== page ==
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Customer Cyclical Behavioral Analytics By @Schmarzo | @BigDataExpo #BigData

Customers exhibit certain behaviors and engagement patterns that are highly predictable within certain time periods

In a recent Big Data Vision Workshop services engagement, our data science team explored a concept that I find very interesting and immensely actionable – uncovering and exploiting customer time period or cyclical purchase and engagement behaviors. Let’s call this “Customer Cyclical Behavioral Analytics.” Let me explain…

Customers exhibit certain behaviors and engagement patterns that are highly predictable within certain time periods. For example, customers could have behaviors and engagements related to the following time periods or cycles:

  • Daily expenditures such as coffee, lunch, newspapers, commuting costs, etc.
  • Weekly expenditures such as groceries, household goods, healthcare supplies, gasoline, magazines, etc.
  • Monthly expenditures such as credit card payments, rent, lease payments, mortgages, utilities, cable, telephone, etc.
  • Quarterly expenditures such as tax payments, insurance payments, etc.
  • Semi-annual expenditures such as dentist visits, doctor visits, etc.
  • Annual expenditures such as vacations, birthdays, anniversaries, taxes, etc.
  • Seasonal expenditures such as Christmas, Thanksgiving, Valentines, Easter, Independence Day, etc.

Identifying and predicting these cyclical repeatable expenditures and engagements can be key to driving a highly personalized and more relevant engagement with your customers (see Figure 1).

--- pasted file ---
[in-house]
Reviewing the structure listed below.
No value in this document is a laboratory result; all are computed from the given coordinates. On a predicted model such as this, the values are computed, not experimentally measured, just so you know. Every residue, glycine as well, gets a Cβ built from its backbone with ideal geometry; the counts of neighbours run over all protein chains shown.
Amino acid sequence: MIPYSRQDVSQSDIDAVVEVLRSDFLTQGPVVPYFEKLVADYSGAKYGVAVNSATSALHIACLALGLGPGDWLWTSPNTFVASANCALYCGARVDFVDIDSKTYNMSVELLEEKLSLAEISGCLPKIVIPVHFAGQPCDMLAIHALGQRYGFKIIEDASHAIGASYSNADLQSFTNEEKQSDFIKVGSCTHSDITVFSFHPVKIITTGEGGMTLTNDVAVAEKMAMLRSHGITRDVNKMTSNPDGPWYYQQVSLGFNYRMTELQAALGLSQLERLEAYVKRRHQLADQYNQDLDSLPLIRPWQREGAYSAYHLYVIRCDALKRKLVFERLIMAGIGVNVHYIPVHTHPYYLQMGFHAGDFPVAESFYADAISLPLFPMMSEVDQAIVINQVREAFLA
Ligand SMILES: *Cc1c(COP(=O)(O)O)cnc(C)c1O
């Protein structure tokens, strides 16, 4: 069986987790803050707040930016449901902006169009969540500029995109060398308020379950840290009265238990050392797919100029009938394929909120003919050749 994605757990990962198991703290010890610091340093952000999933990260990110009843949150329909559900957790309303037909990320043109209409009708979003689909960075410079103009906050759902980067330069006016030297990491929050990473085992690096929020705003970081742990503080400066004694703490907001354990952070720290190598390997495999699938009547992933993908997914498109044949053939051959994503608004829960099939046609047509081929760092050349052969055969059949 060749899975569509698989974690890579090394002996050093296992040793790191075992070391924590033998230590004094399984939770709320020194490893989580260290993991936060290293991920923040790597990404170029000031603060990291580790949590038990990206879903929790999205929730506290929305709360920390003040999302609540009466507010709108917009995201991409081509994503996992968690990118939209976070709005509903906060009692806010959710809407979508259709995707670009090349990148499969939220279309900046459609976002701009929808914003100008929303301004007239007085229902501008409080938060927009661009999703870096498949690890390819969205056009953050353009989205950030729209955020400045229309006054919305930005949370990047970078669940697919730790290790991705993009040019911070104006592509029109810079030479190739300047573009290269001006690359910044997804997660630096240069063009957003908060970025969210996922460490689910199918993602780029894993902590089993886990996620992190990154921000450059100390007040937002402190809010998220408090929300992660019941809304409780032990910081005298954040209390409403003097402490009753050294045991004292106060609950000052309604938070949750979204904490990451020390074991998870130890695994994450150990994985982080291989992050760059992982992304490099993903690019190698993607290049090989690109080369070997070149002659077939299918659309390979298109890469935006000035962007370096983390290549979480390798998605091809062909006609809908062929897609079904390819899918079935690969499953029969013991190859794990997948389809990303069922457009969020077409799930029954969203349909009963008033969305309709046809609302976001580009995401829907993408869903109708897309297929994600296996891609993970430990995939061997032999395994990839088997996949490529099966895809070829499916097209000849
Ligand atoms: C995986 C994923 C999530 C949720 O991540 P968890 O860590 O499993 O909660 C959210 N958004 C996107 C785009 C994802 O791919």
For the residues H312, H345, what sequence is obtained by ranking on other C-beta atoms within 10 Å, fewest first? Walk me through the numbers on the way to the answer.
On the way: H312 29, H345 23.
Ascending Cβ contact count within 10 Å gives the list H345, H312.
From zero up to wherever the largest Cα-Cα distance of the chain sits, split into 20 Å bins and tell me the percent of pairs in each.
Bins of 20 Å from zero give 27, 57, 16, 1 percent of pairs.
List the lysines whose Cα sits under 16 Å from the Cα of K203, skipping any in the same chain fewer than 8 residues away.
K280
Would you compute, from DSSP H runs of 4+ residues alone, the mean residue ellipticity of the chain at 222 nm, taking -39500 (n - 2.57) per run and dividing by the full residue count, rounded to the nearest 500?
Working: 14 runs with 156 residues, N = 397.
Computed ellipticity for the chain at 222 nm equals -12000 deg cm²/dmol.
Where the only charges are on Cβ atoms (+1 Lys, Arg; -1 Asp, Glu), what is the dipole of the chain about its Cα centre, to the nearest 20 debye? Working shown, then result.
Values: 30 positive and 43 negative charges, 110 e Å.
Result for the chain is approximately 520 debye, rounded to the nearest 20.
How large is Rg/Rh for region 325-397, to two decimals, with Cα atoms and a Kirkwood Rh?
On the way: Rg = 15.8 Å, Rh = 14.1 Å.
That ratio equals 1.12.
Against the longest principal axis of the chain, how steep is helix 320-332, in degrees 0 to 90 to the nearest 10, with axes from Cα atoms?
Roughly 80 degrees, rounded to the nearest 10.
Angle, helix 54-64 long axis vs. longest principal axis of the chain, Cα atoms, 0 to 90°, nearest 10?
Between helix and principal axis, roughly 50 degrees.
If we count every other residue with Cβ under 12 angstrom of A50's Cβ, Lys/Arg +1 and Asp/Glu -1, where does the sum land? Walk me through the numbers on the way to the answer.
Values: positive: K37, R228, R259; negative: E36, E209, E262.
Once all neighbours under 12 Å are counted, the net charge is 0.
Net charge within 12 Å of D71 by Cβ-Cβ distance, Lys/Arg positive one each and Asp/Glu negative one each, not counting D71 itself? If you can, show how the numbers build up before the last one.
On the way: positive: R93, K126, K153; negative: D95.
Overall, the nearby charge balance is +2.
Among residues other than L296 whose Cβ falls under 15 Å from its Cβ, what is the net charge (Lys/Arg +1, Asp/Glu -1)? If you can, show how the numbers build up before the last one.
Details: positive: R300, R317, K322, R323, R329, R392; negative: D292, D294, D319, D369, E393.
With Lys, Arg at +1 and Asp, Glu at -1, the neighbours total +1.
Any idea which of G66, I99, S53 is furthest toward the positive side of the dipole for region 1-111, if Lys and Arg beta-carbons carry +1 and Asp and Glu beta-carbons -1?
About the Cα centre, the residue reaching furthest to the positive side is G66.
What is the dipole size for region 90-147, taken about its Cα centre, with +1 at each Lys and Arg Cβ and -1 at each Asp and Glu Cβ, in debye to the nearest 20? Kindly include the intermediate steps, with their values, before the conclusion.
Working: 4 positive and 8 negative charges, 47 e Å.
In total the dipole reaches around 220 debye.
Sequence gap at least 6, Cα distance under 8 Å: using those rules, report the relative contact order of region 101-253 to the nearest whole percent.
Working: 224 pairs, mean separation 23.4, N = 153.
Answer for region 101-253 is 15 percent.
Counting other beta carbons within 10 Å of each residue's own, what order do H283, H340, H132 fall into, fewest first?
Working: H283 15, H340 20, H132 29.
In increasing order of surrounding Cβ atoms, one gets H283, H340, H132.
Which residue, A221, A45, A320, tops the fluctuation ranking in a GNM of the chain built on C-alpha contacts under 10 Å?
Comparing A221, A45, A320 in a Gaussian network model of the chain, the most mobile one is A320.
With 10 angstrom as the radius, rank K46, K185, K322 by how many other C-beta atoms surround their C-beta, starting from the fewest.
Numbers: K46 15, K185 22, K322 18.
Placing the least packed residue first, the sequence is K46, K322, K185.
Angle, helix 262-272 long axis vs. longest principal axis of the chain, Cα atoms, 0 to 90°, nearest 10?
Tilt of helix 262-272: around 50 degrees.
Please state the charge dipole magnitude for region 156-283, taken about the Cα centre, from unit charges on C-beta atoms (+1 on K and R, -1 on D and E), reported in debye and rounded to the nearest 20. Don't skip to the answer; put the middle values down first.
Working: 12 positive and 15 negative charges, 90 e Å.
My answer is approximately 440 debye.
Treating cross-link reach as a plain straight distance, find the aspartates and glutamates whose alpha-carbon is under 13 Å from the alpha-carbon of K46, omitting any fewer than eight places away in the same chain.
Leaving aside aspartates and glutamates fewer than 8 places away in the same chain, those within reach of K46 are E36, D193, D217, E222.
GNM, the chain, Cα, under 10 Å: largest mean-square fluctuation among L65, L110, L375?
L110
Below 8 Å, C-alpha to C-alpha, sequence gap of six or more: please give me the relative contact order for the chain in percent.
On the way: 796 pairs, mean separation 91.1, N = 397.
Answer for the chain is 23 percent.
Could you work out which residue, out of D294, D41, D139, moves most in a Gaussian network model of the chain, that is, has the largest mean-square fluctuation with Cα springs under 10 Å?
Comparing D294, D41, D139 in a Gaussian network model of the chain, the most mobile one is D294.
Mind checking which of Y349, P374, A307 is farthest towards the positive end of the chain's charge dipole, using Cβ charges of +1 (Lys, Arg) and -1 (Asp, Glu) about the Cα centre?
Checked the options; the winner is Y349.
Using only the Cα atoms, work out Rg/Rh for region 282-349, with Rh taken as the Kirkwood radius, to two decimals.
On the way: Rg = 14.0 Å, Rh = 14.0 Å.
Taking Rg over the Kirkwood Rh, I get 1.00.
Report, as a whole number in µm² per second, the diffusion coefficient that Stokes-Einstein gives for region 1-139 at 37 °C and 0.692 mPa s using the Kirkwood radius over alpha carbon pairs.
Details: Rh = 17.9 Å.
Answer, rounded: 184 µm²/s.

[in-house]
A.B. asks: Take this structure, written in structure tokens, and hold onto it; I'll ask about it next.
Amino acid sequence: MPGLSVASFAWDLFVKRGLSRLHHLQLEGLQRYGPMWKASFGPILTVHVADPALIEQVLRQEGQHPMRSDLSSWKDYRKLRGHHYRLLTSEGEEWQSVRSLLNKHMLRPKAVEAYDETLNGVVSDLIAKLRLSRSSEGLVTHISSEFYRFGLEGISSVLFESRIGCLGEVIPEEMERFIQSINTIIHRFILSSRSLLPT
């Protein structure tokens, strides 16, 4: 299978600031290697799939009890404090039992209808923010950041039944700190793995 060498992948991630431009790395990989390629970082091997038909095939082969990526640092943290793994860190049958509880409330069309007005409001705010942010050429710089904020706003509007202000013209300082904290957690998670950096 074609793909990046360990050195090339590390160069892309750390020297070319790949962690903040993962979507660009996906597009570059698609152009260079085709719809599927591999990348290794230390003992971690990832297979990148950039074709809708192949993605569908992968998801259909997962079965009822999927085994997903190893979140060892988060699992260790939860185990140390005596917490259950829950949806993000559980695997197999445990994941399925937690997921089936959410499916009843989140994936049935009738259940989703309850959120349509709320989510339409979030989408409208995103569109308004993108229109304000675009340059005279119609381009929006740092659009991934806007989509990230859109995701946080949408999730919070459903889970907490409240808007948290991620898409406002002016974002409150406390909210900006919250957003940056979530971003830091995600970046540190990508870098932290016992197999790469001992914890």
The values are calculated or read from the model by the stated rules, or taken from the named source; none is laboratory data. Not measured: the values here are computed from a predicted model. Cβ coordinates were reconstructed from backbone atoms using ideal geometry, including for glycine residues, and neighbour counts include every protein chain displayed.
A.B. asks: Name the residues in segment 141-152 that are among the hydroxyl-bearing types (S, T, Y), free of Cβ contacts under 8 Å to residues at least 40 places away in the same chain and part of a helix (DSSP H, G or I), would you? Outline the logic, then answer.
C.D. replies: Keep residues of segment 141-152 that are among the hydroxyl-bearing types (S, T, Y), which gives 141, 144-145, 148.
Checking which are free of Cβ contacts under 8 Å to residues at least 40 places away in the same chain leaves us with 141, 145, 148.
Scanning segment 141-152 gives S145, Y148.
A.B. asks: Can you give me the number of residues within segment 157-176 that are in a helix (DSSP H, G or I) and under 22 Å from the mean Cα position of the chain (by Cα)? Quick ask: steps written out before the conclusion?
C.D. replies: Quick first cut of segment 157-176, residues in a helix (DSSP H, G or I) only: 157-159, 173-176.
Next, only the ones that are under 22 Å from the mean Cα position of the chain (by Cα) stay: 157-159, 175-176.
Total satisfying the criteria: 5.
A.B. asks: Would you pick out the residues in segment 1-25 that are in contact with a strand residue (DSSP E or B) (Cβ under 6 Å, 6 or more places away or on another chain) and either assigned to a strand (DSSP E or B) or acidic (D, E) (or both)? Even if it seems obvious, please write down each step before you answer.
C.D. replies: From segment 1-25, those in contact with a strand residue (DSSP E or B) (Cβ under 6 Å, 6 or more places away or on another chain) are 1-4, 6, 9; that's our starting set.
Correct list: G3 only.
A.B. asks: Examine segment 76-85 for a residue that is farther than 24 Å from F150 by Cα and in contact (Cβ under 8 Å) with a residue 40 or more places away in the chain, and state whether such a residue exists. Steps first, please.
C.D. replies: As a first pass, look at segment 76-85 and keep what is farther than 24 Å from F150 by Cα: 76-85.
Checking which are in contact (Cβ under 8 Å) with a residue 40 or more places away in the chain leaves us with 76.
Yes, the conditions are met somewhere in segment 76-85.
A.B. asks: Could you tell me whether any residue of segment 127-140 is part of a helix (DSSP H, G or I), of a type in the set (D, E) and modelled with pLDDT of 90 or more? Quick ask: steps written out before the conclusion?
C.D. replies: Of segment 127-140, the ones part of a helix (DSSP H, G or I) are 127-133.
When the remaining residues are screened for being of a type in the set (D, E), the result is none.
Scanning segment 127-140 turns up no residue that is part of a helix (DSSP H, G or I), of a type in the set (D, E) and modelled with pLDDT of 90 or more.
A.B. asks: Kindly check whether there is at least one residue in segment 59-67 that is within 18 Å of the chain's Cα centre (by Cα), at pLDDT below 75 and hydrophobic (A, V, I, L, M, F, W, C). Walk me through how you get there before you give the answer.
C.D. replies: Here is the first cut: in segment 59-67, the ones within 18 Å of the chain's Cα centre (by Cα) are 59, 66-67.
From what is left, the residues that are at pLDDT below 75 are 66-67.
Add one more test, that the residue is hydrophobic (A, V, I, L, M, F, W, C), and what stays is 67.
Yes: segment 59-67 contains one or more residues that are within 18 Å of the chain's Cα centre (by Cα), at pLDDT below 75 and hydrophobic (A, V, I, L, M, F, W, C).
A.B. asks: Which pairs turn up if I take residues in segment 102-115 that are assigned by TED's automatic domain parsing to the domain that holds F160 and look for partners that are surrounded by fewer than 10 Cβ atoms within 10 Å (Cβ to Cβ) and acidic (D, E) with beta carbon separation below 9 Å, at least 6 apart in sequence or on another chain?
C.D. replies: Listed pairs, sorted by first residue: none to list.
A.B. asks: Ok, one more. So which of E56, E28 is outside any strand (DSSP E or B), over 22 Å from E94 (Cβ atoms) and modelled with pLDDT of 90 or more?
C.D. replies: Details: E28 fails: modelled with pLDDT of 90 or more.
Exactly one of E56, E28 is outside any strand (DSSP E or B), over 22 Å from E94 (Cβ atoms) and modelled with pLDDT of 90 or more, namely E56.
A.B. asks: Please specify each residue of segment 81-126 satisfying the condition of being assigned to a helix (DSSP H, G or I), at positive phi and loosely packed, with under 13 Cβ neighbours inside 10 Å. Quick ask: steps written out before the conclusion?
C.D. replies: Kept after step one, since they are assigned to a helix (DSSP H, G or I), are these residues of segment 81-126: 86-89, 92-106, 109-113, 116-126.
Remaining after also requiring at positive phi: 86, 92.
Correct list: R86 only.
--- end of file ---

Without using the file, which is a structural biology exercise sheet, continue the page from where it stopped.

bill

Figure 1: Customer Cyclical Behavioral Analytics

My own personal story is related to vacations. Every year for the past 20 years, we vacation the first week in September at the same location…the exact same location including resort. And every year for the past 20 years my credit card company has rejected my first transactions while on vacation…even though I have been going to the same location at the same time of year for the past 20 years. I finally decided to fire that credit card company.

Since many of these cyclical behaviors are tied to product or service categories, one can quickly see the value of creating customer behavioral or analytic profiles at the product and service categories (e.g., grocers, coffee, utilities, financial, credit card, healthcare, household, etc.). Having predictable insights into customer’s product or service category behaviors, propensities and usage patterns can be used in the following applications:

  • Personalized marketing
  • Customer retention
  • Merchant co-marketing effectiveness
  • Customer cross-sell and up-sell
  • Promotional effectiveness
  • New product introduction effectiveness
  • Fraud detection
  • Security
  • Identity protection
  • Collections
  • Defaults / bankruptcies

Once you have identified a customer’s normal purchase and engagement cycles, then these cycles can be monitored for any “unusual” changes that may present a business opportunity. For example, a family may have a propensity to purchase groceries once every 5.5 days. A change in the groceries purchase cycle from 5.5 days to 2.5 days may indicate a student home from college for the summer (or when my son max comes home from college, a change in our grocery purchase cycle to every 1.0 days!). If the grocery store can detect such a change in the grocery buying cycle, then this provides an opportunity for the grocery store to promote bulk buying to this customer (e.g., save $6 when you buy four boxes of cereal, buy two pounds of sweet potatoes an get two pounds free).